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Capcom: Used Sales 'Not A Factor' In The Mercenaries Save System

Players cannot reset save data in Resident Evil: The Mercenaries 3D for 3DS, and despite speculation and gamer uproar, Capcom tells Gamasutra "Secondhand game sales were not a factor in this development decision."

June 28, 2011

2 Min Read

Author: by Kyle Orland, Kris Graft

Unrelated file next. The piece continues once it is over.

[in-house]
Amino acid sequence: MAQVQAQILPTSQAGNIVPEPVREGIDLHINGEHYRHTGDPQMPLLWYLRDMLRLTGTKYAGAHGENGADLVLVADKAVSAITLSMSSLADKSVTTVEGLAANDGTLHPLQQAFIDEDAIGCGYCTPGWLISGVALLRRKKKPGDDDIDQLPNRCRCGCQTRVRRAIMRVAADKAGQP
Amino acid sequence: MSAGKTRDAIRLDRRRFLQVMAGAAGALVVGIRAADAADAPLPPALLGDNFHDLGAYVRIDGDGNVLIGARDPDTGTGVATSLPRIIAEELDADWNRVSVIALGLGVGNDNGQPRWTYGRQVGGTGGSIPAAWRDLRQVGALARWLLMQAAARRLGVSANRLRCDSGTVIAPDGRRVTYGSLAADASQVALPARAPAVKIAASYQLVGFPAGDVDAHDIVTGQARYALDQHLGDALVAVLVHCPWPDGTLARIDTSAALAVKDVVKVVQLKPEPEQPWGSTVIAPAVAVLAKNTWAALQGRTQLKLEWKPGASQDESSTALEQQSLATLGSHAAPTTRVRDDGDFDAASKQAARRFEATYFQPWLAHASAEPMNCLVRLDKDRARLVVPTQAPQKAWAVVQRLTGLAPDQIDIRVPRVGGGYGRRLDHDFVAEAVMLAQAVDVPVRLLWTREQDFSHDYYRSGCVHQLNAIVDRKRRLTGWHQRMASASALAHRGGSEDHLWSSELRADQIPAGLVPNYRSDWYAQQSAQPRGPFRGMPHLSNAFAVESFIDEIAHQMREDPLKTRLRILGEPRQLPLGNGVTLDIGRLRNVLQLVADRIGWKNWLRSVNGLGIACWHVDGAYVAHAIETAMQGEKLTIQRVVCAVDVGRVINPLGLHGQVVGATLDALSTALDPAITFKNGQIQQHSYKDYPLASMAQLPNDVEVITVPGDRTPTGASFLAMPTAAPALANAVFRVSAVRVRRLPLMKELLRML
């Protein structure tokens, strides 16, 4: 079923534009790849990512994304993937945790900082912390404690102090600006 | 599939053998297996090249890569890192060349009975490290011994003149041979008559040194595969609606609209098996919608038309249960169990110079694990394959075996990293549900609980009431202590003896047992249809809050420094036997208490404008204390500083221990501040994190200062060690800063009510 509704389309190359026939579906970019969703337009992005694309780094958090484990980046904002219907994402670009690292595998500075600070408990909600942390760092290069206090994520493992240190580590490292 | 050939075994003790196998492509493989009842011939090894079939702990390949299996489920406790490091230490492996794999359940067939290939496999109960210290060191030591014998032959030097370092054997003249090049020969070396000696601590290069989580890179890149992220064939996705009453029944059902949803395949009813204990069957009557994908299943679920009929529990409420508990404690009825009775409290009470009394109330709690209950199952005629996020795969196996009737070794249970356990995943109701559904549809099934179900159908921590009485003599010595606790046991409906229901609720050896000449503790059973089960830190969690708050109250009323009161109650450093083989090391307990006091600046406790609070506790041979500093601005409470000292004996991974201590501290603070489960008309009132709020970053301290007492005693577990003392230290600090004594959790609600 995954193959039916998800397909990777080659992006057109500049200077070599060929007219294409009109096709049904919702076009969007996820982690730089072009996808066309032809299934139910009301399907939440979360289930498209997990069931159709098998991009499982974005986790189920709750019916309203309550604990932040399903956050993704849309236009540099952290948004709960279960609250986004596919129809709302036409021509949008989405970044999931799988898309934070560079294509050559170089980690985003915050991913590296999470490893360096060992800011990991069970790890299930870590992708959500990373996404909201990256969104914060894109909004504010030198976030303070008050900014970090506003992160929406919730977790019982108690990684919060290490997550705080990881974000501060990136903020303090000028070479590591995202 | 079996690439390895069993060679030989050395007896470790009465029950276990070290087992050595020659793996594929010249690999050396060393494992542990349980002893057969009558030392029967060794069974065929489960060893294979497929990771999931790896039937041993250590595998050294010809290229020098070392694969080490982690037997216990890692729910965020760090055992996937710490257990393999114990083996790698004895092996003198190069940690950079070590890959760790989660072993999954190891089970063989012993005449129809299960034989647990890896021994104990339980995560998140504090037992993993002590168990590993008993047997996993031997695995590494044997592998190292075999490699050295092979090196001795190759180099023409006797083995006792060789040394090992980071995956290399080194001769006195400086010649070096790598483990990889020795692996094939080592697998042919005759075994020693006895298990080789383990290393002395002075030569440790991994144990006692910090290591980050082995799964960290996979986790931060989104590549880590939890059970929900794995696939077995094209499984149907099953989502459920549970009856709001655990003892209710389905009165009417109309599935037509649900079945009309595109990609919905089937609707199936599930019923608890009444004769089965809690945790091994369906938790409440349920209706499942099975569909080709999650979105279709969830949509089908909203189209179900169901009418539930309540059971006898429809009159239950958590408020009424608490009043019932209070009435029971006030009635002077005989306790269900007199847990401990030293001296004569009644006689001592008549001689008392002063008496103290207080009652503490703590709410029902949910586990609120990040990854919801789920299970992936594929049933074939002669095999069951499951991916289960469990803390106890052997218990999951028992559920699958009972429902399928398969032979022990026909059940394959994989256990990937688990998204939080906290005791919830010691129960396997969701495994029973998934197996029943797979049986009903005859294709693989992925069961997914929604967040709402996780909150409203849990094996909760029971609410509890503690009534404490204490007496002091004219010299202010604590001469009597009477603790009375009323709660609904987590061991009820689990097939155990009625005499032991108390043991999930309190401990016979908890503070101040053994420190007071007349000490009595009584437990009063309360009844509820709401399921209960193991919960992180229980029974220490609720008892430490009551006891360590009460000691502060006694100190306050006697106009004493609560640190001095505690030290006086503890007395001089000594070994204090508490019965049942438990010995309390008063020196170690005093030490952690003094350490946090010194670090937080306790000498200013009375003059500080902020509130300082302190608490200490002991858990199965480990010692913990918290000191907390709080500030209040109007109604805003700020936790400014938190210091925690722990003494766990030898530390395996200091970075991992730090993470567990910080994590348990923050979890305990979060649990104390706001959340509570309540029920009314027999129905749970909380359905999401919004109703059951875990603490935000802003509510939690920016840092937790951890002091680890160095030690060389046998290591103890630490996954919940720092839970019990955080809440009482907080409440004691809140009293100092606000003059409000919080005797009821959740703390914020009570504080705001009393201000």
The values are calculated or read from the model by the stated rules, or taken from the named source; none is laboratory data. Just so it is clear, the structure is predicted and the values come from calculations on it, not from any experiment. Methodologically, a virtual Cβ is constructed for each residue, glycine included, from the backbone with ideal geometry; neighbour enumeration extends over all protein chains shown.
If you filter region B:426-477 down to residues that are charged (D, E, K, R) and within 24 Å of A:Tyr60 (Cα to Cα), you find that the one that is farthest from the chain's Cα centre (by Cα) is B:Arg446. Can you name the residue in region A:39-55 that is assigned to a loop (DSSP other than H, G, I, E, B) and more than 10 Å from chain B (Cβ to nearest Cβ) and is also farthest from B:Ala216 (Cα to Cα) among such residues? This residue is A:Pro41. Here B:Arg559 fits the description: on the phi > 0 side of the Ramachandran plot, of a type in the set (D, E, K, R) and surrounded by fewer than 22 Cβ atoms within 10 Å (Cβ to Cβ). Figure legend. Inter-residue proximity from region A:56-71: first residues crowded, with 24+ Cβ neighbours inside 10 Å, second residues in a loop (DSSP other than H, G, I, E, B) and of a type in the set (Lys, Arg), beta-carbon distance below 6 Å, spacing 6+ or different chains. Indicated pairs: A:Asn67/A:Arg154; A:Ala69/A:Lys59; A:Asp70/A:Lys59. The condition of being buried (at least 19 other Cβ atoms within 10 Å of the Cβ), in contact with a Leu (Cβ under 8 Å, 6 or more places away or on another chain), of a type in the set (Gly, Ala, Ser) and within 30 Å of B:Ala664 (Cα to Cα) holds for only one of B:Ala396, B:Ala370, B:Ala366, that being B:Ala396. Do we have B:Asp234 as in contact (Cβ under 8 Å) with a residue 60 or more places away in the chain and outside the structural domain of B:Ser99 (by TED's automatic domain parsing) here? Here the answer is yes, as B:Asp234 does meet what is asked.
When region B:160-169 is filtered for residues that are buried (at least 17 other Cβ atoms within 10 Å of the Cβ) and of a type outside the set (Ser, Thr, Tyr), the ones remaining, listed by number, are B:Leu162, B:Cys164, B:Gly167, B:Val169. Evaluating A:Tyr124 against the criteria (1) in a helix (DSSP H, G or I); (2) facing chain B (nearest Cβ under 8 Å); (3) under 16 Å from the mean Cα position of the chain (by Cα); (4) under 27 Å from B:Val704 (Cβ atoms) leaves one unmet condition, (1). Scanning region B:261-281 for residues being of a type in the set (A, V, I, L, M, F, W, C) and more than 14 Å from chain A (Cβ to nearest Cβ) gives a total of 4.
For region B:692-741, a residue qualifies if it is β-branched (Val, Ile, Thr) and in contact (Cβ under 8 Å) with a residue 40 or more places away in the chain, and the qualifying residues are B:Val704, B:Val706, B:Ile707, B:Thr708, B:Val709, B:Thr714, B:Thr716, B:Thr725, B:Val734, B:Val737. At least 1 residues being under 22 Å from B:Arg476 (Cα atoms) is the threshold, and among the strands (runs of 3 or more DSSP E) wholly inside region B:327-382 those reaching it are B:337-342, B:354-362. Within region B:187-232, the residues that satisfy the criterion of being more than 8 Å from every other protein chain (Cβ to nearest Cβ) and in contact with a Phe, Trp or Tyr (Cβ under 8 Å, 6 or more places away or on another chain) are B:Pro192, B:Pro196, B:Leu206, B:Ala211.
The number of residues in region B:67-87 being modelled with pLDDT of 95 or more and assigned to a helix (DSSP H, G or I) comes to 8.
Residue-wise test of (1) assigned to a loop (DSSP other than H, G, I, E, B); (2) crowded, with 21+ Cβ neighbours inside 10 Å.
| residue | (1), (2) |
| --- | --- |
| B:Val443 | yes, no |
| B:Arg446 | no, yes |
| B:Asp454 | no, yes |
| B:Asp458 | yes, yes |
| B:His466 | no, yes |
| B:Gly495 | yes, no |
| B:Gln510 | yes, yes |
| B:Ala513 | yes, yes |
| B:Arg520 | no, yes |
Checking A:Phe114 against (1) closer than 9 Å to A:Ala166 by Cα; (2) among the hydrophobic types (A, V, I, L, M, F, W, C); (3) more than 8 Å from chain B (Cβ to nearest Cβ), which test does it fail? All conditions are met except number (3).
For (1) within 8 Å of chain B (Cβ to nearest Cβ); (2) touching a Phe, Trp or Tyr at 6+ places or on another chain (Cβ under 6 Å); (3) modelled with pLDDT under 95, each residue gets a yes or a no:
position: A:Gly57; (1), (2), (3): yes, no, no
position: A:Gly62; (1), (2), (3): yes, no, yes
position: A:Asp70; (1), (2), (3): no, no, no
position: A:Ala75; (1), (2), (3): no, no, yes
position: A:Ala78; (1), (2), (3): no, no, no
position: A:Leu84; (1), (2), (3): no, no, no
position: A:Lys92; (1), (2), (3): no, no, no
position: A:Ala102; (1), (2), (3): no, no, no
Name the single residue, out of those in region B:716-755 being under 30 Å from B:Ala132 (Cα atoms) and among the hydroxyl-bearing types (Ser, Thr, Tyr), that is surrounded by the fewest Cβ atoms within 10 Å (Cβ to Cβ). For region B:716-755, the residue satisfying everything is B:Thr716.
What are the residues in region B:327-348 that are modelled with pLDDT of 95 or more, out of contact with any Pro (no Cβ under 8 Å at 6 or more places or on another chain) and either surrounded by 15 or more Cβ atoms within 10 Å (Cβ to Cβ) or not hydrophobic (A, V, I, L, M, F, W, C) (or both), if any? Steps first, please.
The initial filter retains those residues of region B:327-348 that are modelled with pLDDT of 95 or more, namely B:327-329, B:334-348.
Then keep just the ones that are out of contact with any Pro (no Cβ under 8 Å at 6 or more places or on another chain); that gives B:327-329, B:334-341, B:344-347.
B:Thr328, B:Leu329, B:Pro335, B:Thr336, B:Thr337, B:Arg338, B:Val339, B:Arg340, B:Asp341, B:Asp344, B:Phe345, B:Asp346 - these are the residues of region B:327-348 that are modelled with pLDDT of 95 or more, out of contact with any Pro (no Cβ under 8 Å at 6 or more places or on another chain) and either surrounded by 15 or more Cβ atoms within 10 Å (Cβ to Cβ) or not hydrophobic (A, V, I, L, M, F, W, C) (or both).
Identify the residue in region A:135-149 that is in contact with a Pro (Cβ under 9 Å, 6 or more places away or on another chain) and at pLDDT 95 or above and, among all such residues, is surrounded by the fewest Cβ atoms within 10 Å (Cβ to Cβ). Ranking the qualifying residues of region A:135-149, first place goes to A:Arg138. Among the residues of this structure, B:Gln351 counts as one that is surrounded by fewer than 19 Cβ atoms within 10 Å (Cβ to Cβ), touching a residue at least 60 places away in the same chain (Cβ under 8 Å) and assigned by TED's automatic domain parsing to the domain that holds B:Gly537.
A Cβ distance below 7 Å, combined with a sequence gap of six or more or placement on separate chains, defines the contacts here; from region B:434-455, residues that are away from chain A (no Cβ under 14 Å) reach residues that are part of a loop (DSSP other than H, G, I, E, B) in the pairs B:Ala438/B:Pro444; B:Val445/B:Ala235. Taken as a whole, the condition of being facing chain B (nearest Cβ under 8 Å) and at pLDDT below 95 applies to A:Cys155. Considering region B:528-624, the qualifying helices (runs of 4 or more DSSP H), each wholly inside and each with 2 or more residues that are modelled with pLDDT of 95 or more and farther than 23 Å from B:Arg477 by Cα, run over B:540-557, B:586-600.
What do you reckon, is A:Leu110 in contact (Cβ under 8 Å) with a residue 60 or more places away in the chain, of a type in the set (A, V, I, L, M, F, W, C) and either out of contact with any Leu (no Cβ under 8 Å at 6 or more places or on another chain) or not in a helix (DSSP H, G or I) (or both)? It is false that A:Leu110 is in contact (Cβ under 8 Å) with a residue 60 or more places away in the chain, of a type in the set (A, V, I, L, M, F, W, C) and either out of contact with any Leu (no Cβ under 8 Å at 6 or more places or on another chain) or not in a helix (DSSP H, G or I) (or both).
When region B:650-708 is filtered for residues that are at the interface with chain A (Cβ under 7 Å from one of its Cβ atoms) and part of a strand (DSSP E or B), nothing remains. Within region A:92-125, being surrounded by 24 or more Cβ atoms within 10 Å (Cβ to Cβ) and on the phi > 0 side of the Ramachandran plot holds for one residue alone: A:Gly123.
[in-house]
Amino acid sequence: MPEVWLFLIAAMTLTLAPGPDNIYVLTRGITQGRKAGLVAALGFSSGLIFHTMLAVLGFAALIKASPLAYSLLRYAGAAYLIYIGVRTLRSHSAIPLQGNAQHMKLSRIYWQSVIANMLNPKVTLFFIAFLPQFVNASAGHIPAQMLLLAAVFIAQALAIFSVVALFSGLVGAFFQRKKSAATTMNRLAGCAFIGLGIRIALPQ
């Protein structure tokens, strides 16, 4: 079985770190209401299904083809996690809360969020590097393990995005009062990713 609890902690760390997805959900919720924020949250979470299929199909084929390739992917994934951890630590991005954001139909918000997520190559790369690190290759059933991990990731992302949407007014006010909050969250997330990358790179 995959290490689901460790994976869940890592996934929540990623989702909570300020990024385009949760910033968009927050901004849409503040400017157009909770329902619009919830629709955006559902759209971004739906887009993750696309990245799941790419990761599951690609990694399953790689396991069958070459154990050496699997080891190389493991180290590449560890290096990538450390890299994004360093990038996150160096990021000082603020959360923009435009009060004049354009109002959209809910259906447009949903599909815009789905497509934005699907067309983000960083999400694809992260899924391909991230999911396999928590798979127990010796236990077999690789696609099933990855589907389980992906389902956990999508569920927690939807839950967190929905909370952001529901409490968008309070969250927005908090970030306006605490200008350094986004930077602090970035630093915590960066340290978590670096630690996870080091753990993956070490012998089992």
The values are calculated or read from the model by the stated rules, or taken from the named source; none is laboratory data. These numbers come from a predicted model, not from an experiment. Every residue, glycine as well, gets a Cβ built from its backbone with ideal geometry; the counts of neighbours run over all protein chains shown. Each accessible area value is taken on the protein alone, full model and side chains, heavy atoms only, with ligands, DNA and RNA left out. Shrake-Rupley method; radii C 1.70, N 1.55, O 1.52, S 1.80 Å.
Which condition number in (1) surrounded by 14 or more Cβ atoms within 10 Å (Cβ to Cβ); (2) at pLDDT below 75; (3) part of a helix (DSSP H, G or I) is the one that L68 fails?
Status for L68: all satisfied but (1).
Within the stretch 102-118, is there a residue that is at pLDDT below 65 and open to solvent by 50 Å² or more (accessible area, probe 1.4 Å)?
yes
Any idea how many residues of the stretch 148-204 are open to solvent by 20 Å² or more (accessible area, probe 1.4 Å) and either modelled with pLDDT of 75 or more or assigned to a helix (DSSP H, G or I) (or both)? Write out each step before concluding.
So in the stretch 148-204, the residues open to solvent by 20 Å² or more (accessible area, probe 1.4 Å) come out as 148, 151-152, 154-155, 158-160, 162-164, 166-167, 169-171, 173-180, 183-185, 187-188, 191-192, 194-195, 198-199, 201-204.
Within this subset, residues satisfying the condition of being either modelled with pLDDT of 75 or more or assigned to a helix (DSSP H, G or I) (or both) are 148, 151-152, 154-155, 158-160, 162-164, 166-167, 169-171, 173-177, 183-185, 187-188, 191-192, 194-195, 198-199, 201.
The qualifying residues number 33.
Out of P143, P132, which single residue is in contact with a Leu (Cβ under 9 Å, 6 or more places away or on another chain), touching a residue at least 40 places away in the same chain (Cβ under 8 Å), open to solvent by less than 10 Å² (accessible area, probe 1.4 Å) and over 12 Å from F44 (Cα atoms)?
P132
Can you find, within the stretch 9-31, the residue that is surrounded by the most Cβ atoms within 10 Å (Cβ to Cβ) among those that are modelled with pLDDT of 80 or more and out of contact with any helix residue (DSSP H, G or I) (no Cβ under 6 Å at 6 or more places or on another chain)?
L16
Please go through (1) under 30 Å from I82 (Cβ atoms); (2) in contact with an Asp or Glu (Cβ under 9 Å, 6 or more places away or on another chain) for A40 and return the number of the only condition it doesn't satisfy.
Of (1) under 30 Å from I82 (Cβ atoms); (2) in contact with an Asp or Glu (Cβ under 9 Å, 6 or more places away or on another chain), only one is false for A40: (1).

This week, gamers were grabbing the torches and pitchforks following reports that Capcom's Nintendo 3DS title Resident Evil: The Mercenaries 3D would not allow users to reset save data. Tiny wording on the game's cartridge reportedly reads, "Note: Saved data on this software cannot be reset," giving the impression that the original buyer's progress is permanently tied to that copy, rendering it no fun for anyone else who would play it afterwards -- such as a secondhand buyer. A Capcom rep confirmed to Gamasutra that saves cannot be reset, but he claimed that it was in no way a business decision. "In Resident Evil: The Mercenaries 3D, all mission progress is saved directly to the Nintendo 3DS cartridge, where it cannot be reset," the rep said. "The nature of the game invites high levels of replayability in order to improve mission scores. In addition, this feature does not remove any content available for users," he added. "Secondhand game sales were not a factor in this development decision, so we hope that all our consumers will be able to enjoy the entirety of the survival-action experiences that the game does offer." Resident Evil: The Mercenaries 3D is a third-person shooter that spins off of the "mercenaries" mini-games that were introduced in previous Resident Evil games. Players fight against the clock, defeating as many enemies as possible within a time limit. Some game publishers and developers have been implementing methods of trying to deter used game sales, as game makers don't receive any cut from the highly profitable secondhand market. Game companies have tried to add value to copies of new games, such as one-time-use codes for downloadable content -- content that secondhand buyers would have to purchase separately. [UPDATE: This isn't the first time a Nintendo 3DS game has denied players the ability to delete save data -- Sega's Super Monkey Ball 3D also saves progress permanently.]

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